Bloomberg: ‘New Financial World Order’ As Lehman Fails, Merrill Sold
By Christine Harper
In the biggest reshaping of the financial industry since the Great Depression, two of Wall Street’s most storied firms, Merrill Lynch & Co. and Lehman Brothers Holdings Inc., headed toward extinction.
New York-based Lehman, founded 158 years ago, said early today that it filed for Chapter 11 bankruptcy protection after failing to find a buyer. Merrill Lynch, 94 years old and also based in New York, agreed to sell itself to Bank of America Corp. for $50 billion in an emergency deal hashed out yesterday.
“The tectonic plates beneath the world financial system are shifting, and there is going to be a new financial world order that will be born of this,” said Peter Kenny, managing director at Knight Capital Group Inc., the Jersey City, New Jersey-based brokerage that handles about $1 trillion worth of stock transactions a quarter. “It’s an ugly and painful process.”
The engines that powered record growth in the financial industry over the last decade — cheap credit and surging property values — have been thrust into reverse. Companies that once thrived on making real estate loans and holding assets bought with borrowed money are now under siege, giving the upper hand to those less reliant on leverage and holding the fewest assets tied to property.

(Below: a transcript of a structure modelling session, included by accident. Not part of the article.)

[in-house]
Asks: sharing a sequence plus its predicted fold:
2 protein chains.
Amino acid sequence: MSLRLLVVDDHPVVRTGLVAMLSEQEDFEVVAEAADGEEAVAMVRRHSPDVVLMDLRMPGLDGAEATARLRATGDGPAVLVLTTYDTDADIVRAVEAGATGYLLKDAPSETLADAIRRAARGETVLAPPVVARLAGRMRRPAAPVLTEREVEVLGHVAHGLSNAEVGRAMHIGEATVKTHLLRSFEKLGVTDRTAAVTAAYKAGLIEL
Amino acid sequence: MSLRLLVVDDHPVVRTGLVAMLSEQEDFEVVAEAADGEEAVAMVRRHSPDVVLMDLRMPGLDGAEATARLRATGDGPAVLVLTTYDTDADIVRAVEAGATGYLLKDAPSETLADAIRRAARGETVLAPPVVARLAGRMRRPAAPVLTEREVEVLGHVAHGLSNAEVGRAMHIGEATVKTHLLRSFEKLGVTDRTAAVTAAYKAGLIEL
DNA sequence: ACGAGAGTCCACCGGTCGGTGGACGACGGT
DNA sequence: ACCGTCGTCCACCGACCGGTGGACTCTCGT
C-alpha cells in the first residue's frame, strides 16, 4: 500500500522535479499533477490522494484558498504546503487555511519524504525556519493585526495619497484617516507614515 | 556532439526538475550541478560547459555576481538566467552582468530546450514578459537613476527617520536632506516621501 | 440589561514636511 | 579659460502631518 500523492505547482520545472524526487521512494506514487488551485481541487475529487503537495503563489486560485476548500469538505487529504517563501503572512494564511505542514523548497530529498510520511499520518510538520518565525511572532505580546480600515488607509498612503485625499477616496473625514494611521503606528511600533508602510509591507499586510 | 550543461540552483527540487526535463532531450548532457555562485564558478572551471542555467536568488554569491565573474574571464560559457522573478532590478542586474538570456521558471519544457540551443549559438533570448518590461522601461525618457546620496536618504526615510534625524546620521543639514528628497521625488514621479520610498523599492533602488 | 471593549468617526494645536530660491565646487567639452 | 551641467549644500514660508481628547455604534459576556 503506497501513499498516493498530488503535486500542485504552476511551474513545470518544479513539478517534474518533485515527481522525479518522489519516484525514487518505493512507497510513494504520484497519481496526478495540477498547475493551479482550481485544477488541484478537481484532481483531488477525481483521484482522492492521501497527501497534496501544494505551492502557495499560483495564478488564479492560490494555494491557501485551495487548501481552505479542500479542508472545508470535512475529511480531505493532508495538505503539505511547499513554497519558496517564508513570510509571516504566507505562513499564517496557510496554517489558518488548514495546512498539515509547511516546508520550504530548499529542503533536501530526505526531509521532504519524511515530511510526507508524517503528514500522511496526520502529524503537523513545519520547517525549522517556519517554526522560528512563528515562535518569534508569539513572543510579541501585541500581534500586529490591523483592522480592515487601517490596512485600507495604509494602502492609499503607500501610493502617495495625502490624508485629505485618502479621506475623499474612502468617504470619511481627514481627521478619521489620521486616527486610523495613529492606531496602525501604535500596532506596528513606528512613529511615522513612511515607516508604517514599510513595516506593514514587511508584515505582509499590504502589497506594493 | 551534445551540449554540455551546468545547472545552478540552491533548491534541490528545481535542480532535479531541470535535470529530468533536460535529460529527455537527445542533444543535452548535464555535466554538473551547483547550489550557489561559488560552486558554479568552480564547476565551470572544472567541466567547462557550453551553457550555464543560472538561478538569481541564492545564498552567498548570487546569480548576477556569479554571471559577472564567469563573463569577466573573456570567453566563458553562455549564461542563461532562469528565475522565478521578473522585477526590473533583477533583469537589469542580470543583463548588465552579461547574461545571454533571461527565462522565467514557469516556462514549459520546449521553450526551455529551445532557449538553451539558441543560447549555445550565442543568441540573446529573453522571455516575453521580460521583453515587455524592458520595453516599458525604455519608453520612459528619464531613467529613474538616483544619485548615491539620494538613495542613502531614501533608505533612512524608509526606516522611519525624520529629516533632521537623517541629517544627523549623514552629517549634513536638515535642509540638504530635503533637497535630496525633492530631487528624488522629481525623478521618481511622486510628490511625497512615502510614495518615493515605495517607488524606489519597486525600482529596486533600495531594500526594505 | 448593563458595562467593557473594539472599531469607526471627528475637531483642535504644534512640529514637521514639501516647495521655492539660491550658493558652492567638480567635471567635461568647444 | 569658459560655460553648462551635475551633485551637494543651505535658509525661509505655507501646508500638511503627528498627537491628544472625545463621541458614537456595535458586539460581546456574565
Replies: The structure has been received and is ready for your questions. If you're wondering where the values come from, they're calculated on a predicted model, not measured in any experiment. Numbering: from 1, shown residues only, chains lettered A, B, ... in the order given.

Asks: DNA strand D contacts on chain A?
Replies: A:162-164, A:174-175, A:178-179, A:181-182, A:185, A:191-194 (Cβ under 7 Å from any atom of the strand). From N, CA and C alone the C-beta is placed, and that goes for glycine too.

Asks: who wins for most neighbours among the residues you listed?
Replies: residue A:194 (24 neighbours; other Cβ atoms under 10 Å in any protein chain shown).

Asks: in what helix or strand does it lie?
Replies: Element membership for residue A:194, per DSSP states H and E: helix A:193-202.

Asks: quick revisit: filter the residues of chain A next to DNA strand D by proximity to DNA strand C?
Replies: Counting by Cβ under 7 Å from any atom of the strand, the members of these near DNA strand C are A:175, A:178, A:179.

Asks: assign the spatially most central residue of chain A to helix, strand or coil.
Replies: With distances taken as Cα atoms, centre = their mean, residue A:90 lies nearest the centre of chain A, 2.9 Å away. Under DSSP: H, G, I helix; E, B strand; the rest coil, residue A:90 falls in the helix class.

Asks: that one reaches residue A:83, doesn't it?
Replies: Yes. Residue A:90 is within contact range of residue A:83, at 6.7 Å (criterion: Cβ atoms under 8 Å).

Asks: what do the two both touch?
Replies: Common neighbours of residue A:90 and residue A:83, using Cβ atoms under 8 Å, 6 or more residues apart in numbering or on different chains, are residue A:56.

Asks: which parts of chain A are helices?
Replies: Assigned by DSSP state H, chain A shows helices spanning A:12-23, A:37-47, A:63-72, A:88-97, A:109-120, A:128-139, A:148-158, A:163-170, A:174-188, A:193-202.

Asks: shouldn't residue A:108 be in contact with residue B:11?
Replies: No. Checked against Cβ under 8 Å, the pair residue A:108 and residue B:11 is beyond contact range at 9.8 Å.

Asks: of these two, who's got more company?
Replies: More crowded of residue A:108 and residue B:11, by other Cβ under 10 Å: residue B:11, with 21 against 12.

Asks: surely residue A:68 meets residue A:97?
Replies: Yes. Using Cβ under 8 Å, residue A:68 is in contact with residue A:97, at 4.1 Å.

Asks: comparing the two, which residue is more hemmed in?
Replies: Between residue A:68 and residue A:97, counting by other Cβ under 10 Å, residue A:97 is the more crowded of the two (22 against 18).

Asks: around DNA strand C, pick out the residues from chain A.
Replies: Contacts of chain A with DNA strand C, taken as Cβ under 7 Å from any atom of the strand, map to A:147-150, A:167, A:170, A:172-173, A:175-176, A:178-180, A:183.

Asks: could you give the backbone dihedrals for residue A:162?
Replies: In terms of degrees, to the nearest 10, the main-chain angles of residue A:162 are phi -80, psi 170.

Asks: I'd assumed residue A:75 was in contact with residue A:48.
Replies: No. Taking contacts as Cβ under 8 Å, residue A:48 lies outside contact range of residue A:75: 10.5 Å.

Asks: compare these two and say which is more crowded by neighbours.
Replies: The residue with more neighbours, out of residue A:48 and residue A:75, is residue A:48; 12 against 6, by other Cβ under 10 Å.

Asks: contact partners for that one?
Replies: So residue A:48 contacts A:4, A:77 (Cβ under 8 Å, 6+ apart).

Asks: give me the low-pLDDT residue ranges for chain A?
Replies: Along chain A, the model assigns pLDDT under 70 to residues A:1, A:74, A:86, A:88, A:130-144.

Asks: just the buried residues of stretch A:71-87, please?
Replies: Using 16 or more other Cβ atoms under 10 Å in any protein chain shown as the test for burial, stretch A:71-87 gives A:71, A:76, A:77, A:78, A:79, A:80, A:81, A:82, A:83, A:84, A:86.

The industry convulsions that started last year have already eliminated Bear Stearns Cos., forced into a cut-price sale to JPMorgan Chase & Co. with government support in March. A week ago, the U.S. Treasury placed mortgage companies Fannie Mae and Freddie Mac into conservatorship, guaranteeing their widely held debt securities while all but erasing their equity value.
American International Group Inc., once the world’s largest insurer, is struggling to raise cash to avoid a credit-rating downgrade that could cripple its business.
From Five to Two
The five New York-based securities firms that dominated Wall Street have been reduced to two: Goldman Sachs Group Inc. and Morgan Stanley. While both firms are scheduled to report a drop in third-quarter earnings this year, their business has remained profitable throughout 2008 — unlike Lehman and Merrill.
“I think highly of Morgan Stanley and Goldman Sachs, so I expect them to ride this out,” Evercore Partners Inc. Chief Executive Officer and Former Deputy Treasury Secretary Roger Altman said in an interview on CNBC. “But as to whether we’ve seen the last of this crisis, I think the answer to that is clearly no. And exactly where it goes from here and how it unfolds, I’m unsure.”
Lehman, which employed 25,935 people at the end of August in 61 offices around the world, had a balance sheet totaling $786 billion as recently as February. Merrill Lynch, with 60,000 employees, is known for its “thundering herd” of financial advisers that brought Wall Street financial products to Main Street investors.